And it basically started with the deficit reduction program of 1993. And there's no question in my mind, having lived on Wall Street for 26 years, that it's that deficit reduction program that was predominantly responsible for driving interest rates down. It was low interest rates that drove and sustained the recovery.
I think the key going forward in order to continue to have this kind of healthy economic growth is to make the right policy choices. And the threshold policy question that we're going to face as we go forward is, what do we do about remaining on the path of fiscal discipline and going to a balanced budget. The President has proposed tax cuts. But they're targeted to middle class, middle-income people. They're targeted to specific types of behavior that are good for economy -- education, child care and savings. And they are fully paid for on a bona-fide basis with no gimmicks.
I think it would be a terrible, terrible economic misfortune if we were to take another path and have very large tax cuts that were not fully paid for on a fully bona-fide basis that would be scored by the Congressional Budget Office and the OMB. So doing would explode the deficit, undermine the economy, and put us back where we were before President Clinton took office and redressed the economic mess that he did inherit, and redress the situation that resulted in the federal debt quadrupling over the four years from 1980 to 1992.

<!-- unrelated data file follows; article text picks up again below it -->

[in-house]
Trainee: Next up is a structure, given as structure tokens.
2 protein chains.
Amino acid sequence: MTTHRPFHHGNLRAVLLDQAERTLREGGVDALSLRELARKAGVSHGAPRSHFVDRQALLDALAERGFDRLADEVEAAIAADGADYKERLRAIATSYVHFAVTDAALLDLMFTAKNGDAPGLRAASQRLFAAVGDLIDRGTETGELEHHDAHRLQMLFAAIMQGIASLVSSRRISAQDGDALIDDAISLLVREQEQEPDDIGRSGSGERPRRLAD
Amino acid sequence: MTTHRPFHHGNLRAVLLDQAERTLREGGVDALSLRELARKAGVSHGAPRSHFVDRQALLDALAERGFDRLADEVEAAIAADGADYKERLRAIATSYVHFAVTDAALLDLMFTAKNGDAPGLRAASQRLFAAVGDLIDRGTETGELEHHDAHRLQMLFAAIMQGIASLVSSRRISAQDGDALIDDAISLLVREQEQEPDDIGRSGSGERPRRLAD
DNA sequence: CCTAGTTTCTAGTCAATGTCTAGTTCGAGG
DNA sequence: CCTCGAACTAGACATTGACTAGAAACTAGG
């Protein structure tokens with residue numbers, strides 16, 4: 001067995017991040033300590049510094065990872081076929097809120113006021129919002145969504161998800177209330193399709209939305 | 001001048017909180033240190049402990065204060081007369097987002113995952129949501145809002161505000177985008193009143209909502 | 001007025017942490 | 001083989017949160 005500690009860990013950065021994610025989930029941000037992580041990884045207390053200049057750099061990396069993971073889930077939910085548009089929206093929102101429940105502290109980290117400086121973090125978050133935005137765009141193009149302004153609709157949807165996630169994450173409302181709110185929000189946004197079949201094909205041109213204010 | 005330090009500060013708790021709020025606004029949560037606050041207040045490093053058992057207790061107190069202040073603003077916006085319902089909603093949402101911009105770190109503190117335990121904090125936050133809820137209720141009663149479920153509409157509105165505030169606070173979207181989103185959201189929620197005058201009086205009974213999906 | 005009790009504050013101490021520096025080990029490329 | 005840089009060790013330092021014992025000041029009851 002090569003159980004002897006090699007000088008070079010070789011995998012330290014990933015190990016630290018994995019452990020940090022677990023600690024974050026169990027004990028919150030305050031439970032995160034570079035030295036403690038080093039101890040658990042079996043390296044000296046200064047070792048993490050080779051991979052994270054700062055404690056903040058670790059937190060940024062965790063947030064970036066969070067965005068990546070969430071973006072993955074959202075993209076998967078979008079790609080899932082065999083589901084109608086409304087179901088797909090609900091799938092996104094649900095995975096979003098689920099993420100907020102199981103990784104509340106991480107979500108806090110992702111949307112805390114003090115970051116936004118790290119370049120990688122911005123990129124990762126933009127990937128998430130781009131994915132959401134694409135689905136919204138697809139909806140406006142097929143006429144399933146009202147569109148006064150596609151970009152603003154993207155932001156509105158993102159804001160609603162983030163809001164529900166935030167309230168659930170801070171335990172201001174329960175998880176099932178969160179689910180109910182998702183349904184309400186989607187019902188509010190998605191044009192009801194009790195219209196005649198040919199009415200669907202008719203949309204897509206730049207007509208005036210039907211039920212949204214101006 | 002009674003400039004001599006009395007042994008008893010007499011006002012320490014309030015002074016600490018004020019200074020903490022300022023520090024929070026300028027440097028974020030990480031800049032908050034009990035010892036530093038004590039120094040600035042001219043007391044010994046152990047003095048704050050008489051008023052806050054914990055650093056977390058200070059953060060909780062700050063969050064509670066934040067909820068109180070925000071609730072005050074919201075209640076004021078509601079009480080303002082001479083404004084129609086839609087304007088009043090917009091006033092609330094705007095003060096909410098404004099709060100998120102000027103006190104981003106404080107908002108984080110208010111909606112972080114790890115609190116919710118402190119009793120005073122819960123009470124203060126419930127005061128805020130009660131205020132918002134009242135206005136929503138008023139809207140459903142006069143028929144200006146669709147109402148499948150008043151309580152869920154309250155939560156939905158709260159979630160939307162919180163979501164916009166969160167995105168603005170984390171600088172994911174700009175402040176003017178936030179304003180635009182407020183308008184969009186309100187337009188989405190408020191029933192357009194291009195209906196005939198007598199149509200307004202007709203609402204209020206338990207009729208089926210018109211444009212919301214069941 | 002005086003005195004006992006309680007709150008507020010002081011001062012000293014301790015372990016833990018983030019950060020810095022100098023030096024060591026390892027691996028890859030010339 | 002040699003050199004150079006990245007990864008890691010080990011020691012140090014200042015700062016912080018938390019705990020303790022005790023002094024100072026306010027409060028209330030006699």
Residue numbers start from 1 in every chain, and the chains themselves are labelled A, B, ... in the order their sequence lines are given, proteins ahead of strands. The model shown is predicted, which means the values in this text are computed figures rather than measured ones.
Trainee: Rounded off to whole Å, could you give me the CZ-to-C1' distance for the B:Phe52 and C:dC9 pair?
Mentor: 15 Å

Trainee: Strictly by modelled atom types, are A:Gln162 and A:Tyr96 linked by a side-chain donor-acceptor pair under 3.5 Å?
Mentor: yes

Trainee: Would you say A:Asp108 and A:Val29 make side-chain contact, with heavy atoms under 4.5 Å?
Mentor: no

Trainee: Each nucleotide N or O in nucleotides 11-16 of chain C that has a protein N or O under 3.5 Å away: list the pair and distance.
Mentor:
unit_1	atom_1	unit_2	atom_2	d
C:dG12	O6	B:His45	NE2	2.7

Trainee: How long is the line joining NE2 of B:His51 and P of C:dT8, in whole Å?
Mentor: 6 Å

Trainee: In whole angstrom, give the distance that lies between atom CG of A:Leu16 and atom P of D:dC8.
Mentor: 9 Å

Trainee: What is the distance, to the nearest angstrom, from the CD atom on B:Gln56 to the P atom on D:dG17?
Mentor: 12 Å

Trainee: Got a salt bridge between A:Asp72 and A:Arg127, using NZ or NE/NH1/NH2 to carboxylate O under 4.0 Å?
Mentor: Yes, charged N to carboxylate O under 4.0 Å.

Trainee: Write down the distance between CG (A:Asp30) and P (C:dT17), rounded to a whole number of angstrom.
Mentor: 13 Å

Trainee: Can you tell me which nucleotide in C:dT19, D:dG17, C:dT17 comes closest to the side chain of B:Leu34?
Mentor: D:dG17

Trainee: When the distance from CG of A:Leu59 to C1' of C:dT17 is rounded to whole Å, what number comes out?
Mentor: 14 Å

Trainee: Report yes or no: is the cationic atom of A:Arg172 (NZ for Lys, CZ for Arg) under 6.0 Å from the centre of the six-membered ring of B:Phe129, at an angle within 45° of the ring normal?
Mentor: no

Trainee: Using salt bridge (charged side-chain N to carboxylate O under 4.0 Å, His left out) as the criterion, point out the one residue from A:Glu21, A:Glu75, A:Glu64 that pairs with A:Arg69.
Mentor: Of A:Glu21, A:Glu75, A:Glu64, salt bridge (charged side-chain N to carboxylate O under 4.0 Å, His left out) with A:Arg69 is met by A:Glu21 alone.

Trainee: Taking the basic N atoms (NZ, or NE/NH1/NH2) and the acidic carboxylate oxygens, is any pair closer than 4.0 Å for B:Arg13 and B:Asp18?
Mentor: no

And, with that, we would be delighted to respond to questions.
Q Are you saying that basically if the kind of tax plan that's under consideration by Dole would be a dangerous move at this point?